Texas A&M University senior biology major Kassie Ruocco '16 doesn't serve in the military. She doesn't even come from a military family. But helping veterans is a passion to which she's fully devoted.
Ruocco is the vice president of Aggie Shields, a student-led organization committed to serving student veterans and helping them assimilate into campus life. Throughout the year, the Katy native can be found organizing and volunteering at the various fundraisers and special events hosted by Aggie Shields, all of which aim to support Aggie veterans as they obtain a college education.
"There's so much that needs to be done to not only help, but also simply support our veterans," Ruocco said. "I'm just trying to work really hard to make the little differences that I can."
Texas A&M has two offices dedicated to the support of all military-affiliated students—the Veteran Services Office (VSO) and the Veteran Resource and Support Center (VRSC). In addition, the university ranks first in the nation for providing services to veterans in transitioning into civilian careers after their military service, according to the online service College Factual.
Ruocco says the moment that ignited her desire to assist veterans is forever etched in her memory. It was the night Ruocco, at the time only a freshman at Blinn College with a part-time waitressing job, offered to give her restaurant's cook a ride home. During the drive, she got to know him on a more personal level and learned he was facing a string of hardships. For instance, he needed to see a dentist, but his insurance wouldn't cover the expenses, and he frequently had to choose which bills to pay and which to put off until the next paycheck.
He was also a veteran.
"I just thought, 'Oh my goodness, you fought for our country, and you actually have to deal with these issues?'" Ruocco said. "I knew I wanted to do something, even if it was on my own, to make some kind of difference. Right then is when the spark in me started."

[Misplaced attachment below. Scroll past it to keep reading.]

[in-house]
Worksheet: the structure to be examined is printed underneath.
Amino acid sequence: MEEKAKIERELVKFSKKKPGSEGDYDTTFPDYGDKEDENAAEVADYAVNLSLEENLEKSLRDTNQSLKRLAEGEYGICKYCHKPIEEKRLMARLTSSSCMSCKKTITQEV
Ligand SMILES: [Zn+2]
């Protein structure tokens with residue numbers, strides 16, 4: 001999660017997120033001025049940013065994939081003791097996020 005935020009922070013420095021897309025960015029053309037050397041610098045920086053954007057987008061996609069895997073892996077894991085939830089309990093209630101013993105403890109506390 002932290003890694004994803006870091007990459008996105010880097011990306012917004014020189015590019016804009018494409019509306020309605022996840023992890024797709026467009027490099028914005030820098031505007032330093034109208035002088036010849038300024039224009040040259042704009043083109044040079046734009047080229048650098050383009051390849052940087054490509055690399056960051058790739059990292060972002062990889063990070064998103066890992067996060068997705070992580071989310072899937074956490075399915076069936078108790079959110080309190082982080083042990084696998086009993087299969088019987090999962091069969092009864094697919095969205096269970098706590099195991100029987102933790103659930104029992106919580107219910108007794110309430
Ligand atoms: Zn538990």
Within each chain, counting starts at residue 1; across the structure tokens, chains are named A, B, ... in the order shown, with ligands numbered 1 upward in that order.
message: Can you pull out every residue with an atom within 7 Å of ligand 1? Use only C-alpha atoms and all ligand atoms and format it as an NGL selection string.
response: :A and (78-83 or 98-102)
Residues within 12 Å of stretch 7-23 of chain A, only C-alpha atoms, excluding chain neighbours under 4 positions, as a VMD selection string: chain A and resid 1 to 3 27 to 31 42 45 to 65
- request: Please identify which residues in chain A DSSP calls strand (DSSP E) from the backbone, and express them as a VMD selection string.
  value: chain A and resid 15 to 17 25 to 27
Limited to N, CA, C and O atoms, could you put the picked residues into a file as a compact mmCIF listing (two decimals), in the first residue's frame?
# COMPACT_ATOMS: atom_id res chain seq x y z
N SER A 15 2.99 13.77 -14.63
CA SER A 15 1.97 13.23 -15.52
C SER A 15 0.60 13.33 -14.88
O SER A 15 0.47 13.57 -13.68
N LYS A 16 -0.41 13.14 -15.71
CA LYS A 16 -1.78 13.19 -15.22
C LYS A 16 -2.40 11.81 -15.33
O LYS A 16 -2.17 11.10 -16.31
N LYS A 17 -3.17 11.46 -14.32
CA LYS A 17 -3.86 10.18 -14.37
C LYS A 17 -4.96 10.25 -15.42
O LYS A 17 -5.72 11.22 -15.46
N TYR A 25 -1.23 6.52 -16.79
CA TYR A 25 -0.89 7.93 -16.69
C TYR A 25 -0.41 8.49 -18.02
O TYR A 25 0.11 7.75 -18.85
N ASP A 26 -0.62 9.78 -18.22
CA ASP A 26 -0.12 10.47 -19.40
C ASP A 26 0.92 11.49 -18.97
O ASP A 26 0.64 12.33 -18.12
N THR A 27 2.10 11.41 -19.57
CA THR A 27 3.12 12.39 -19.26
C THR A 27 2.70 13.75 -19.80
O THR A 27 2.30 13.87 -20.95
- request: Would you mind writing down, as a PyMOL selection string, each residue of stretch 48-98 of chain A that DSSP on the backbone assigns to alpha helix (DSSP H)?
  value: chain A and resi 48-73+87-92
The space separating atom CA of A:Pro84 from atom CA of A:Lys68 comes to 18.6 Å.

One of Ruocco's first priorities when she transferred to Texas A&M and the Department of Biology in 2014 was to find a military-affiliated student group to join. She discovered Aggie Shields one day in the Memorial Student Center (MSC) after being handed a related flier. Intrigued by their mission to serve Aggie veterans, Ruocco signed up, ultimately becoming one of the founding members.
Since their formation, one of Aggie Shields' most impactful undertakings has been the establishment of their Lending Library, which alleviates the financial burden of purchasing textbooks by allowing student veterans to rent them free of charge for an entire semester.
"Most student veterans are here on benefits, and they receive stipends for textbooks," Ruocco said. "While any kind of help they can get is nice, it's really a small amount of money. The Lending Library is there to help with that."
To ensure that their Lending Library is continually stocked, Aggie Shields hosts a textbook drive in the MSC at the end of each semester during finals week. Textbooks from every subject are accepted, then logged into a database and sent to the Lending Library located in the John J. Koldus Building within the VRSC, where they will await checkout in subsequent semesters.
Ruocco estimates that since the creation of the Lending Library, Aggie Shields has acquired nearly 1,000 textbooks, a number that increases each semester as word of their cause continues to spread.
"It's slowly but surely getting bigger and bigger," she said.
Ruocco is equally diligent when it comes to her academics. When she's not in class or immersed in Aggie Shields-related duties, Ruocco can be found in Texas A&M biologist Ginger Carney's laboratory, where she studies metabolic pathways in fruit flies.
While it's the Aggie veterans who primarily benefit from Ruocco's extracurricular efforts, Ruocco considers herself equally fortunate, thanks to her decision to attend Texas A&M. She says it's a choice that has enabled her to flourish academically through hands-on research experiences and also to grow as a person through service-oriented student organizations like Aggie Shields.
"Once I got to learn a lot more about Texas A&M, its core values and everything it stands for and how Texas A&M plays a role in our country and internationally, too, I was all the more grateful that I chose to come here," she said.
Watch a brief YouTube interview with Kassie Ruocco '16 in which she talks about her work with Aggie Shields and what it means to her to be helping student veterans at Texas A&M:
For additional information on undergraduate research opportunities in the Texas A&M College of Science, go to http://www.science.tamu.edu/research/undergraduate/index.php.
This article was originally published by the College of Science.
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